Mysterious Cave Complex at the edge of Beijing
A mere couple of hours by road from central Beijing this very interesting and unique spot can be found – a complex of cave dwellings carved into granite cliff faces, and then abandoned by its builders and occupiers, and whose use and purpose remain mysterious to this day.
Various schools of thought exist as to what may have been the reason for carving these dwellings out of the cliff face, and who may have lived here – a small kingdom, bandits, soldiers making storehouses and barracks? The various different sizes of ‘apartments’ here (including one made up of eight rooms), out of more than 350 chambers in total suggest that there was some kind of stratified society here, but the nature of it remains unclear.
These caves are not Flintstones-style houses though, they are from hundreds rather than tens of thousands or millions of years ago, with estimates dating them to perhaps as early as the Tang Dynasty (7th – 10th Century). They were carved by humans using sophisticated methods, a lot of organisation, and a lot of time and manpower. This was a major project done by someone, at sometime - we just don’t know who and when!
At the actual site of the Guyaju Caves there is not much information available, but this is likely as much due to the fact that not many historical facts about the site can be confirmed, as it is down to a lack of effort from the administrators, after all there are various boards along the walking trail here that give plenty of information about the different kinds of rocks, so an effort to be educational has definitely been made.
Visiting this site is a fairly simple matter – the car park is spacious, the facilities are small but modern (the bathrooms are made to look like caves and are in very good condition), and entry costs 54 RMB per person.
To get to the caves themselves a path is followed that heads on a mild uphill through a valley, with various smaller caves carved out along the way, perhaps guard houses? Then the first of two large complexes looms into view, with some of the lower caves open to anyone who wants to climb inside and see if they would enjoy living under millions of tons of rock!
Climbing the steps between the two main cave sites brings the visitor to a viewing area that offers the best photo opportunities for sure, and this is also the peak of the trail. The whole distance to walk is just 1.5 kilometers and one hour is sufficient to do this. None of it is particularly difficult, although it does involve a mostly uphill walk and then a couple of hundred steps. There are various points along the way for picnics and rests, so taking a bite to eat is a recommendation for sure.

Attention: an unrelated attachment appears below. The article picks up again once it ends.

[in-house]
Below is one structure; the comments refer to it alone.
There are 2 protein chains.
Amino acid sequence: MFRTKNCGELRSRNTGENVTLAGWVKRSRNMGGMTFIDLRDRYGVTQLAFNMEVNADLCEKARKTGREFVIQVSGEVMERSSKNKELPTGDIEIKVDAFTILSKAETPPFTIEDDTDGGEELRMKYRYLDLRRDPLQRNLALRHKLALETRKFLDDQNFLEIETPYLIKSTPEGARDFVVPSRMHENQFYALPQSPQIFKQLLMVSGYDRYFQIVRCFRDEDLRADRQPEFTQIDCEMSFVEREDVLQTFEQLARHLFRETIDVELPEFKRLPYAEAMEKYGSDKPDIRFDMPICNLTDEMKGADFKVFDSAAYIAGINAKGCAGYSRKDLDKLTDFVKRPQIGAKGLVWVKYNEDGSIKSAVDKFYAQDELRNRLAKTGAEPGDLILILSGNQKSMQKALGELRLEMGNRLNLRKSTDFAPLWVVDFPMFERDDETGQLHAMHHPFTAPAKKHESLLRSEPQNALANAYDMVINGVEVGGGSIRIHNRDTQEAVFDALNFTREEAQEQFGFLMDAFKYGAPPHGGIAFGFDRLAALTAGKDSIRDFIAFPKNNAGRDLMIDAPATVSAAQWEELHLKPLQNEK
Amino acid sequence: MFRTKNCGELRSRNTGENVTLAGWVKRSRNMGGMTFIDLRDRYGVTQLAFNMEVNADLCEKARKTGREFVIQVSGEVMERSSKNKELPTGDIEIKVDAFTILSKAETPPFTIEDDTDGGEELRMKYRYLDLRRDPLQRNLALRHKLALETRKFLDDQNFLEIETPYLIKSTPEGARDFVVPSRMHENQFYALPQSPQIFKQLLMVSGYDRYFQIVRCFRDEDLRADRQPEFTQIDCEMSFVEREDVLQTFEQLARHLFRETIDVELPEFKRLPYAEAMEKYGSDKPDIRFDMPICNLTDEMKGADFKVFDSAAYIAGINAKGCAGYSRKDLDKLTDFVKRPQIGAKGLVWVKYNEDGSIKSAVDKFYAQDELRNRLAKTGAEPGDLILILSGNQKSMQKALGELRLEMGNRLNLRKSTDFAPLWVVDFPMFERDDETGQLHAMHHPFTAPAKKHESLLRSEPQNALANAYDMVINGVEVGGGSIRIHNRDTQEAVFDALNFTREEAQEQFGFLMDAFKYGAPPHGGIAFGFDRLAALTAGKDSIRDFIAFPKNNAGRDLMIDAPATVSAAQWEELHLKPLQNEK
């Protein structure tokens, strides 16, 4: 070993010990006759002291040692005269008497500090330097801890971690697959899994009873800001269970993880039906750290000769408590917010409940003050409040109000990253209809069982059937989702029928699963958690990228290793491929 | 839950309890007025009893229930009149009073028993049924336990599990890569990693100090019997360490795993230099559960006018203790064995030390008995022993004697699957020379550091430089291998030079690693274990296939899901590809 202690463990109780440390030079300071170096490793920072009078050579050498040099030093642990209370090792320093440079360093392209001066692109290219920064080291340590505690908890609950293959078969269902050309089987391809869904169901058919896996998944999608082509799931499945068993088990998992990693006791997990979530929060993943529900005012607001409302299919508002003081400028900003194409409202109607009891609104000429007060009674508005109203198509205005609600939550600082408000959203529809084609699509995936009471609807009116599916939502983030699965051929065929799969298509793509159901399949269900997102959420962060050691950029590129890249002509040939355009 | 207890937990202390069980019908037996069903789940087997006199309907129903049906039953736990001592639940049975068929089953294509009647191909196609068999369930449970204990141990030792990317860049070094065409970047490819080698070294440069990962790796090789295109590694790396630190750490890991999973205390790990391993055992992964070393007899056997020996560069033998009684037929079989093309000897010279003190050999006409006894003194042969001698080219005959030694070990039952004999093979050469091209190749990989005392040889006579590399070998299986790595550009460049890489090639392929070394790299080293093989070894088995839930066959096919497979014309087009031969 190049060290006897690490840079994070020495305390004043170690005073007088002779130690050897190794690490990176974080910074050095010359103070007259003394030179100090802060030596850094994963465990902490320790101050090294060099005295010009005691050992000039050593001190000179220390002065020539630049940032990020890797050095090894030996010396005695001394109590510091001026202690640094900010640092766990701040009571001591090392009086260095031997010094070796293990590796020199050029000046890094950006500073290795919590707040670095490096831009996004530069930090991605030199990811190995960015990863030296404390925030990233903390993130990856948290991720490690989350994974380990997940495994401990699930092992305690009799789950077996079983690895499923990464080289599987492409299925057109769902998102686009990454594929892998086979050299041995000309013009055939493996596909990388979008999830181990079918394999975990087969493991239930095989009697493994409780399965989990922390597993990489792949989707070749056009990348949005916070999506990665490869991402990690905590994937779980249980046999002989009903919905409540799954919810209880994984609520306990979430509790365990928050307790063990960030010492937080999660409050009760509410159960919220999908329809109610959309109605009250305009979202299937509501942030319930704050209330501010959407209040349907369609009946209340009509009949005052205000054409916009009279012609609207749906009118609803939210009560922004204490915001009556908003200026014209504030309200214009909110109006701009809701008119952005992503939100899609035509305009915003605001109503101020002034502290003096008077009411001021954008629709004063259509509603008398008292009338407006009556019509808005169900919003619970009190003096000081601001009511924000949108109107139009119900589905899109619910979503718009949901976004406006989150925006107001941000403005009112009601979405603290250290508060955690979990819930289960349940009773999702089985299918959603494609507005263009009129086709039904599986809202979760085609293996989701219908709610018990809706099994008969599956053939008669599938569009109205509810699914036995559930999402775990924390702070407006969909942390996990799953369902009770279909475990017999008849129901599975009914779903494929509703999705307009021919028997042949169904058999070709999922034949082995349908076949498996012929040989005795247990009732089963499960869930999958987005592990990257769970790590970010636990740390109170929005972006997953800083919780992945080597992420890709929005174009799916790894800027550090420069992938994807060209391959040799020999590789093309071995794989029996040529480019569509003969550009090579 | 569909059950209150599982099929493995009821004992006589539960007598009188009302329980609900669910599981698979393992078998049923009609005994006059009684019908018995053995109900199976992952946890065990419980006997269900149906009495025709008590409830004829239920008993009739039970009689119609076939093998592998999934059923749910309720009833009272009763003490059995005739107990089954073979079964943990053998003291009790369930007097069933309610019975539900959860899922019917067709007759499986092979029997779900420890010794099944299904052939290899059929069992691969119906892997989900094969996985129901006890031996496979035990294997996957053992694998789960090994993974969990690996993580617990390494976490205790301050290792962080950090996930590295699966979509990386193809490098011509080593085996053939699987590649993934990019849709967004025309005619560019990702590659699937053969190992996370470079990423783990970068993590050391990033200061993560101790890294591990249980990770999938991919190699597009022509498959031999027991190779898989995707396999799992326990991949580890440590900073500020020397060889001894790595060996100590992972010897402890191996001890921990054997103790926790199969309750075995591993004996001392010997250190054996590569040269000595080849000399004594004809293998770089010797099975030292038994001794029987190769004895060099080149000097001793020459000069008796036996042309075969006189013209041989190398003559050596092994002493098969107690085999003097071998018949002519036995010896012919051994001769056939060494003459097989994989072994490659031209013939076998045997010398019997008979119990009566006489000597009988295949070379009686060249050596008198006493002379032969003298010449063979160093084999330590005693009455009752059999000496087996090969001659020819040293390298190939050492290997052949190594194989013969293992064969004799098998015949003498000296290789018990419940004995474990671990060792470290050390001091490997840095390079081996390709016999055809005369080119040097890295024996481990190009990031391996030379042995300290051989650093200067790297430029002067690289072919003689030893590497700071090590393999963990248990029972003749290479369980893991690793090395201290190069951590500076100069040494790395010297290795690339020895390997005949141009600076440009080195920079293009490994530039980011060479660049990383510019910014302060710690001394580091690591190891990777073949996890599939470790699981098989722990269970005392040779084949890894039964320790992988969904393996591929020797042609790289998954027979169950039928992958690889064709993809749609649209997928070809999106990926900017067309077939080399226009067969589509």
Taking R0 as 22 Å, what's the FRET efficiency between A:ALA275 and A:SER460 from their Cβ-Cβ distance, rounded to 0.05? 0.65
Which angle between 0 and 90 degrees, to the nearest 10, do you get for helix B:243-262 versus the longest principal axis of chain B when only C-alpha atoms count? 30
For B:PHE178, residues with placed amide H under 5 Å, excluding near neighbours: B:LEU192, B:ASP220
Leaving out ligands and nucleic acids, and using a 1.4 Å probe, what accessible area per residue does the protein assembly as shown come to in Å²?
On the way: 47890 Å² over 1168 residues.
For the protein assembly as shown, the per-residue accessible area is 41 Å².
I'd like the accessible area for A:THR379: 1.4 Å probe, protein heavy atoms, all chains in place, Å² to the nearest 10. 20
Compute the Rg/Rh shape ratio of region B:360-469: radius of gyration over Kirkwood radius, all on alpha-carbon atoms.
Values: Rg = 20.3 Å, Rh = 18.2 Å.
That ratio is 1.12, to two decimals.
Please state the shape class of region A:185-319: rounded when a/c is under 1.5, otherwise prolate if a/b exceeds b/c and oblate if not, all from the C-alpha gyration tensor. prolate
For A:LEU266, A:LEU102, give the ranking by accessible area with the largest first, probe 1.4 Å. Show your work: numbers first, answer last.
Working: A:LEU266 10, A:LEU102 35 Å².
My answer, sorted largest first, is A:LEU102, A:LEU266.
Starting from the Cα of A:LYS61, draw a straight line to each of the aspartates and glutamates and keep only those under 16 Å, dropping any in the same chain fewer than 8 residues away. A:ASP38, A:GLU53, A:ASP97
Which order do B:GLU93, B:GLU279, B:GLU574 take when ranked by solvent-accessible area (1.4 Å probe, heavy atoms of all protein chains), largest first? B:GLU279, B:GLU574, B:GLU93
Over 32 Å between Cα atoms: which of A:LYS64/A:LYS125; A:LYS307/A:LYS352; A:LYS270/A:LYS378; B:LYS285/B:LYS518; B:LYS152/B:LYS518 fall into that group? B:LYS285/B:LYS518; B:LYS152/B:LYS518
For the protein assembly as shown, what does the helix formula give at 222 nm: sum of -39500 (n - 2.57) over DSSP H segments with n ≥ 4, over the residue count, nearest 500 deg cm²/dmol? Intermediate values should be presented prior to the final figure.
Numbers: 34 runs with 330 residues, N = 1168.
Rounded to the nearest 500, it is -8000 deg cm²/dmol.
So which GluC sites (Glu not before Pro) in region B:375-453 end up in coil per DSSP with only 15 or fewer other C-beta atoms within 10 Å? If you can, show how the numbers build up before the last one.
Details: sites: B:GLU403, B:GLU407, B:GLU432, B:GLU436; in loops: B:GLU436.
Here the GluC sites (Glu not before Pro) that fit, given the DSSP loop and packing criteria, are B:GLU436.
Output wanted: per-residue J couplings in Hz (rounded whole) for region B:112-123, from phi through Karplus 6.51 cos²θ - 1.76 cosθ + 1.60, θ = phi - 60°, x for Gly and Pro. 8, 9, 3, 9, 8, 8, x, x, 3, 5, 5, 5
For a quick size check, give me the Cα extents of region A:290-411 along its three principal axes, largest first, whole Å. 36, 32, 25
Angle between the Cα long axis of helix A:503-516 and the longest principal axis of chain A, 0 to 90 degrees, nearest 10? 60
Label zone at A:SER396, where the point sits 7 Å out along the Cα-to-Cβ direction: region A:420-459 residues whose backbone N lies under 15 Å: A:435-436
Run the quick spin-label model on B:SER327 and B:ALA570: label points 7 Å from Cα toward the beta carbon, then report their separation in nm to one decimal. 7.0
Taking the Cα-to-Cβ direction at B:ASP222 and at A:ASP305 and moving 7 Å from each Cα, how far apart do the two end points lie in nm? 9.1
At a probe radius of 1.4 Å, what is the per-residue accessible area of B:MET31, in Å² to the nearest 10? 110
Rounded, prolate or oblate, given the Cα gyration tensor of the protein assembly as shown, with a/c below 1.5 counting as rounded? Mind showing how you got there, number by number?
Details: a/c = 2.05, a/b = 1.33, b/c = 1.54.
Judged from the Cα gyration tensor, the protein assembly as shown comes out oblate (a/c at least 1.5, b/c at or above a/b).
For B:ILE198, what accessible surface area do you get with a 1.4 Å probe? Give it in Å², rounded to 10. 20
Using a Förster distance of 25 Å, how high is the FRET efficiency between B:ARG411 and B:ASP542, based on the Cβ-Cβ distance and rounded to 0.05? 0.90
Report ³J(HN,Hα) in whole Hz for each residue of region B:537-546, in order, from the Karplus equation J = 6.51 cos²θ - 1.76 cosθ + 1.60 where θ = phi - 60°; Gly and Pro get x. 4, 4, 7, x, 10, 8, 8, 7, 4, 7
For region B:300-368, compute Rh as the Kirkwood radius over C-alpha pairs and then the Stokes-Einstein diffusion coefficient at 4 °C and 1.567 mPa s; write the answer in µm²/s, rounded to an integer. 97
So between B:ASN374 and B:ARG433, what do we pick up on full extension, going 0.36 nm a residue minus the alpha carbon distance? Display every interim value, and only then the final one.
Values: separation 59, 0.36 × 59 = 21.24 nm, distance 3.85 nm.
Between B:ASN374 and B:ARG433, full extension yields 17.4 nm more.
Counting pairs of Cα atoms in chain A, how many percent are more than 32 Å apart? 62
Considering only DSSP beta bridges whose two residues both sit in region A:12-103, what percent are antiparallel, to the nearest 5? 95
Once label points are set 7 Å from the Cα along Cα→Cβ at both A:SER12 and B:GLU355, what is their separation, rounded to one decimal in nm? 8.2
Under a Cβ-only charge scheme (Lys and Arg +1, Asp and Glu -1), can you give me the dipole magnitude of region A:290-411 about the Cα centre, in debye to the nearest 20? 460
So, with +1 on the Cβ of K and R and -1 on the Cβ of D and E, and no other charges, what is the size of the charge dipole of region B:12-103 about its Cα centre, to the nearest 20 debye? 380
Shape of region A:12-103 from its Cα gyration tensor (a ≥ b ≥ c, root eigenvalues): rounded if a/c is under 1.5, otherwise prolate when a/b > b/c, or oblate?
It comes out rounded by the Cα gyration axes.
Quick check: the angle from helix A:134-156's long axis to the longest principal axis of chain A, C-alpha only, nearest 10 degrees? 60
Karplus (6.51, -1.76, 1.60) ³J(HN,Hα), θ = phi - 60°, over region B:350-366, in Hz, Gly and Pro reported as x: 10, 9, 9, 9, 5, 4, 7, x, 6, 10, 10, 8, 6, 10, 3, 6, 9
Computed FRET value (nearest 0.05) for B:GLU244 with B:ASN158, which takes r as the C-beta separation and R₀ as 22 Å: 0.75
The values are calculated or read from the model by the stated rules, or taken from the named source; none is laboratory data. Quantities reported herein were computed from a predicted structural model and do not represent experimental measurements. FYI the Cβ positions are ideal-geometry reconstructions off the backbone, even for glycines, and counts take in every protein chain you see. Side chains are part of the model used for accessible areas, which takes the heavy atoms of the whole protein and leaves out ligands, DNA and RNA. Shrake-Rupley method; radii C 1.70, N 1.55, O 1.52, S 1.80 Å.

The caves are fascinating – very intricate, very large, and complex inside, and the only pity is that more of them cannot be accessed and clambered around in by visitors (which is fair enough, to keep from more damage).
While anyone looking for concrete facts about the construction and use of the complex will come away frustrated, visitors looking for a day trip out of the city, a short hike in a lovely area, and to see and experience a very unique piece of history will find much to enjoy here. Fans of museums will find that they can easily combine this site with the Yanqing Museum and Yanqing Geopark Museum (the Guyaju caves are one of the main features of the UNESCO Geopark itself) which can all easily be included in a day trip from Beijing city. It’s also pretty close to some of the major Great Wall sites too.
A strong recommendation for an easy trip to somewhere very impressive and fairly little-known. Hopefully more solid information about the builders of the Guyaju caves will be discovered one day, but simply as a fascinating and attractive site, this is well worth a visit in the meantime!